Forrest Carter's Western adventure novel Gone to Texas tells the fictional story of Josey Wales, an outlaw-to-be who loses his family and goes on to become the most wanted man in Texas.

    And then Forrest Carter became a novelist. Through the 1970s, he published four books: Gone to Texas (later made into the Clint Eastwood western The Outlaw Josey Wales), The Vengeance Trail of Josey Wales, The Education of Little Tree and Watch for Me on the Mountain.

    Chuck and Betty Weeth were running a bookstore in Abilene, Texas, when, in 1975, Forrest Carter walked in and introduced himself. He was dressed in jeans and a cowboy hat, had a dark complexion and told the couple that he was Cherokee and had been raised by his grandparents in a Tennessee cabin. "I liked him from the start," Chuck Weeth says.

    That same year, author Forrest Carter appeared on The Today Show, where he was interviewed by Barbara Walters. "She'd ask him questions and he'd mumble these answers," Greenhaw said. "He said he wrangled horses and, when he was in Oklahoma, he was the storyteller to the Cherokee Nation."

    Ron Taylor says when he saw the interview, "I literally got down on the floor laughing. Asa's on TV! He had pulled it. He had fooled them."

    "I was bumfuzzled," Greenhaw said of his own reaction to the broadcast, so the reporter decided to look into what Forrest — or Asa — was up to. He started calling around, interviewing people who knew Asa and after a few days, Forrest Carter got in touch.

    Greenhaw said he had clear memories of the call: "He said, 'You don't want to hurt old Forrest, do you now?' And I said, 'Come off of it, Asa, I recognize that voice.' "

    In 1976, Greenhaw published a New York Times article drawing the connection between Asa and Forrest Carter.

    Readers Saw What They Wanted

    Historian and George Wallace biographer Dan Carter (no relation) is working on a book about Asa. He says fans of The Education of Little Tree should have known that it wasn't what it appeared to be. For one thing, the Cherokee words that Forrest Carter used in the memoir weren't Cherokee — they were just made up.

    "Most people who loved the book couldn't imagine that a former Klansman, racist, anti-Semite could have written The Education of Little Tree," Dan Carter says. But the genius of the book is that people took what they wanted out of it.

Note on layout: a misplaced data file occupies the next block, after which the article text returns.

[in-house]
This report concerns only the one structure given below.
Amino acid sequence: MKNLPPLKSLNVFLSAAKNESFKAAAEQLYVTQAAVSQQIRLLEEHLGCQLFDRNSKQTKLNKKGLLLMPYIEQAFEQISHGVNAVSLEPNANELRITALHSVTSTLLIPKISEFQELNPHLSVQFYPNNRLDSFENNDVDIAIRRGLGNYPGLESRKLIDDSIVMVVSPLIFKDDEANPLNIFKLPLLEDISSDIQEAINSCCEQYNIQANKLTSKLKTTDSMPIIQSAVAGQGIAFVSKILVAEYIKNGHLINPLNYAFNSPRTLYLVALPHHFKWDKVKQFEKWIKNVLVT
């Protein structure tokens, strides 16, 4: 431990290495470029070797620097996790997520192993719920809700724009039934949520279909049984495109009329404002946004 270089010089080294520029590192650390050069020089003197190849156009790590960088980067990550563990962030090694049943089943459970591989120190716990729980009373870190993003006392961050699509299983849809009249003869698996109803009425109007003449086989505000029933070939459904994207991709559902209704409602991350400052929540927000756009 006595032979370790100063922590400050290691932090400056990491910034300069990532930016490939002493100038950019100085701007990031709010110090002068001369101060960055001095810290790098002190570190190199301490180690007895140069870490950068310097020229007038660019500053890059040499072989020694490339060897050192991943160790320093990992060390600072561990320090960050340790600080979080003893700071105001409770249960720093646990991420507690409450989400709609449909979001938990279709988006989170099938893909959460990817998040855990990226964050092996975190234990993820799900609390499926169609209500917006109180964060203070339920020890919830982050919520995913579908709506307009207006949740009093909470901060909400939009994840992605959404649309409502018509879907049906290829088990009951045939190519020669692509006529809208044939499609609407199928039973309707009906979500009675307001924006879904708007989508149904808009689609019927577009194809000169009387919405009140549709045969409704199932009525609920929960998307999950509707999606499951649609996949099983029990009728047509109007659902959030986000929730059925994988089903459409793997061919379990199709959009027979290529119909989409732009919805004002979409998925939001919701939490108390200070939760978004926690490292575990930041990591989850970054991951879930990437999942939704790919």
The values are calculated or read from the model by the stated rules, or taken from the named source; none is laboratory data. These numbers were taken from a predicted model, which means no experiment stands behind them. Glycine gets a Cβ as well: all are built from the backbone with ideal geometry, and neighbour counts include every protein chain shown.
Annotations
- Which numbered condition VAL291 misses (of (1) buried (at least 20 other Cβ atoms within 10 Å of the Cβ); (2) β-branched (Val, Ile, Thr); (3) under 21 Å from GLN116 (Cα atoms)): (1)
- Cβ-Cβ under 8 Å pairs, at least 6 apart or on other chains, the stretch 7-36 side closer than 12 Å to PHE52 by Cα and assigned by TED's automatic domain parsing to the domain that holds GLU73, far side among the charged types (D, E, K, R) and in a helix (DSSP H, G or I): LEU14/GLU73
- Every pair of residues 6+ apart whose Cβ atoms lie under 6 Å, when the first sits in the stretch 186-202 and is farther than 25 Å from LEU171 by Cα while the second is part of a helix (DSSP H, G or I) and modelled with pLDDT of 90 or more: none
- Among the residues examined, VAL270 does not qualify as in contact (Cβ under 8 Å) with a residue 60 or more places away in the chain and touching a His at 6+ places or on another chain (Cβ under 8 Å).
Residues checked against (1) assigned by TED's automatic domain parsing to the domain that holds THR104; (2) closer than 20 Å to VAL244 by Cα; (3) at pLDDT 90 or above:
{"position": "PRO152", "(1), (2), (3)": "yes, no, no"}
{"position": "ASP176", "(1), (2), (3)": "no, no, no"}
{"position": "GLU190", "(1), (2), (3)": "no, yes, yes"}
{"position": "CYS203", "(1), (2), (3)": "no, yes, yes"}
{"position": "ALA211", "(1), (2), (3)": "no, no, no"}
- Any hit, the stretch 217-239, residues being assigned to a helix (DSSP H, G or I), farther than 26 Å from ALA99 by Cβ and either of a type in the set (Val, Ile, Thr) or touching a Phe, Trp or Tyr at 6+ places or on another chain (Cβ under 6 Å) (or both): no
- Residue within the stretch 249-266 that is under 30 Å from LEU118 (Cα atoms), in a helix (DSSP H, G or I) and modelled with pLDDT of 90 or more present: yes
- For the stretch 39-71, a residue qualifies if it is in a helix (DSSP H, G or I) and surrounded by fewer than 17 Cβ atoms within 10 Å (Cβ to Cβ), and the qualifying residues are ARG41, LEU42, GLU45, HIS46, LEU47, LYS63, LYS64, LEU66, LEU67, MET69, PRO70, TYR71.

"One way you look at it, it's a tree-hugger book," Taylor says. "But the other way, it's a right-wing, government-leave-me-alone book. That's how I took it."

    Almost four decades after they first met Forrest Carter, Chuck and Betty Weeth remain perplexed that the man they knew — the man they considered a friend — had a dramatically different past. "I didn't like Asa Carter," Chuck Weeth says, "but I did like Forrest Carter."

    Forrest Carter died in 1979 in Abilene. He was buried in Alabama, where today his tombstone still reads, "Asa Earl Carter."

    Produced for All Things Considered by Joe Richman and Samara Freemark of Radio Diaries with consulting editors Deborah George and Ben Shapiro. Special thanks to the producers of the documentary The Reconstruction of Asa Carter, which is airing on PBS stations through April.https://www.npr.org/2012/04/20/15103...sa-earl-carter
    Last edited by Maggie, 13th April 2018 at 03:29.

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  29. #45
    Senior Member United States Dumpster Diver's Avatar
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    Quote Originally posted by GraceKB View Post
    Lol, yeah, that really narrows it down.

    Here's one you might like and I'm not being a smartass. Chris Knowles is entertaining and an awesome dot connecter. If you like magic/occult.

    https://www.amazon.com/Our-Gods-Wear.../dp/1578634067

    I think there's a free pdf now so check before you buy it.

    Here's his blog

    https://secretsun.blogspot.com/
    Cool, this hits me right in the Batcave...but I do think there is a lot to it.
    "Holding onto anger is like drinking poison and expecting the object of your anger to die” ~ Anon
    "When you come to a fork in the road, take it." ~Yogi Berra
    "You can observe a lot by just watching." ~Yogi Berra
    “When I die, I want to die like my grandfather who died peacefully in his sleep. Not screaming like all the passengers in his car.” ~Will Rogers
    "If life gives you melons...you might be dyslexic" ~ Aixelsyd Dnarber